to General Hardee are at this place, near 3,000 in number. They ought by all means to be left out here, and placed at the disposal of the officers in charge of this country and the Indiana Territory. there is not a single company in my command armed with the minie musket or rifle. There are among these arms 1,000 of these muskets, and other arms far superior to this eon the hands of my men. The artillery ought to be placed in good condition, and also allowed to remain in this section, as we may have to meet the enemy on the prairies or plains this fall. My reason for urging the Department to let these arms remain in this section is the fact of its being impossible to get other share this fall, owing to the condition of the Arkansas river at this season of the year, whilst they can be conveyed at any time to Pocahontas. All the arms and army stores in this region ought to be under the control of the officer in command of this quarter; and at the same time it would be well to attach to his command that portion of Arkansas which includes the road from Springfield to Fort Smith, which is know as the Telegraph road. This country is too far from Pocahontas to be under the charge of the officer in command at that point, and is one of the routes the enemy will attempt to force should they ever attempt an invasion of this State.
I shall immediately have raised tow companies of artillery for service during the war in addition to the one from Texas, as we will greatly need them on the prairies this fall. I hope this course will meet your approbation.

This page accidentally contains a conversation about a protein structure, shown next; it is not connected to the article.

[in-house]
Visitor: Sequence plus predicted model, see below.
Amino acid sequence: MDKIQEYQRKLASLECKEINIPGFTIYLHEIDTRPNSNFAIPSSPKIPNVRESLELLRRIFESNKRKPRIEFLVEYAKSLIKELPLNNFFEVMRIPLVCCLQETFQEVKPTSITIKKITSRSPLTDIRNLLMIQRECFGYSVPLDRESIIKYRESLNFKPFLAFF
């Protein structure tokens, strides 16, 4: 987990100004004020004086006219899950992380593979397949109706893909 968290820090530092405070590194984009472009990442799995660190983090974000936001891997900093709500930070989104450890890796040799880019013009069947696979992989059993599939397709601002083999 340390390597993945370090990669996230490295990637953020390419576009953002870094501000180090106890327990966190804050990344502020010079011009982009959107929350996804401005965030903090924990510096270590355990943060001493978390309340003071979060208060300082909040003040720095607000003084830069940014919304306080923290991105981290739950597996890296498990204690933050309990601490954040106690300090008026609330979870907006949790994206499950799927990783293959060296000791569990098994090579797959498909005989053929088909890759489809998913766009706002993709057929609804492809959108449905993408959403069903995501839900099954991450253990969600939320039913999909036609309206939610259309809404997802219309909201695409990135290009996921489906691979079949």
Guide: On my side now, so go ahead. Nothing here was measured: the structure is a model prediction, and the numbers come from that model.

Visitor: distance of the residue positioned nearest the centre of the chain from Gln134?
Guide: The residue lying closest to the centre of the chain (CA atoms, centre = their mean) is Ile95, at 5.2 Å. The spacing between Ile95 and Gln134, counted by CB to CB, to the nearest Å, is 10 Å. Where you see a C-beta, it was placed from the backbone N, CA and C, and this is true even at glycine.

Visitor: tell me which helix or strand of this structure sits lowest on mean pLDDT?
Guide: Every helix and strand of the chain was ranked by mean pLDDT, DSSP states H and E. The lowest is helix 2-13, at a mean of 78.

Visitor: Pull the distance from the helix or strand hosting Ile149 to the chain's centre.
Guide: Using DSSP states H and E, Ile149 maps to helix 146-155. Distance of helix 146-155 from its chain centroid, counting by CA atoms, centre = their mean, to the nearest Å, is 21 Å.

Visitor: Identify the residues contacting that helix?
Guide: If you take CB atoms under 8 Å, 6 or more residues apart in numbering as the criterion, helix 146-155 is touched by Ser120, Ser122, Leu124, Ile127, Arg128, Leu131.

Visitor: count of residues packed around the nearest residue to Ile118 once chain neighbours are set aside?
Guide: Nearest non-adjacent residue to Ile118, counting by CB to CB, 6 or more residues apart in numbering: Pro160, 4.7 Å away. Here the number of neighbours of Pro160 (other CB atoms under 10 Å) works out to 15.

I would also ask you to keep in service such men as I have been compelled to employ and muster into the service for twelve months.
You will see by the documents inclosed that the Cherokees have at last joined the South, and offered our Government a regiment. this, no doubt, was brought, was brought about by the battle of Oak Hills. I have, previous to this time, employed some of the Cherokees, under Colonel Stand Watie, to assist me in protecting the northern borders of the Cherokees from the inroads of the jayhawkers of Kansas. This they have effectually done, and at this time are on the Cherokee neutral lands in Kansas. Colonel Stand Watie belong so the true Southern party, composed mostly of mixed bloods, and opposed to John Ross, and by whose course and influence Ross was induced to join the South. I hope our Government will continue this gallant man and true friend of our country in service, and attach him and his men (some 300) to my command. It might e well to give him a battalion separate from the Cherokee regiment under Colonel Drew. Colonel Drew's regiment will be mostly composed of full-bloods, whilst those with Colonel Stand Watie will be half-breeds, who are educated men, and good soldiers anywhere, in or out of the Nation. Having been left without instructions in many particulars, I have pursued the course I thought most beneficial to my country.
Hoping these acts will beet with your approval, I have the honor to be, your obedient servant,
P. S.-Colonel Hindman informs me there are not more than 1,500 guns at this point turned over to him. Some of the men hold their arms until the State pays them for their services.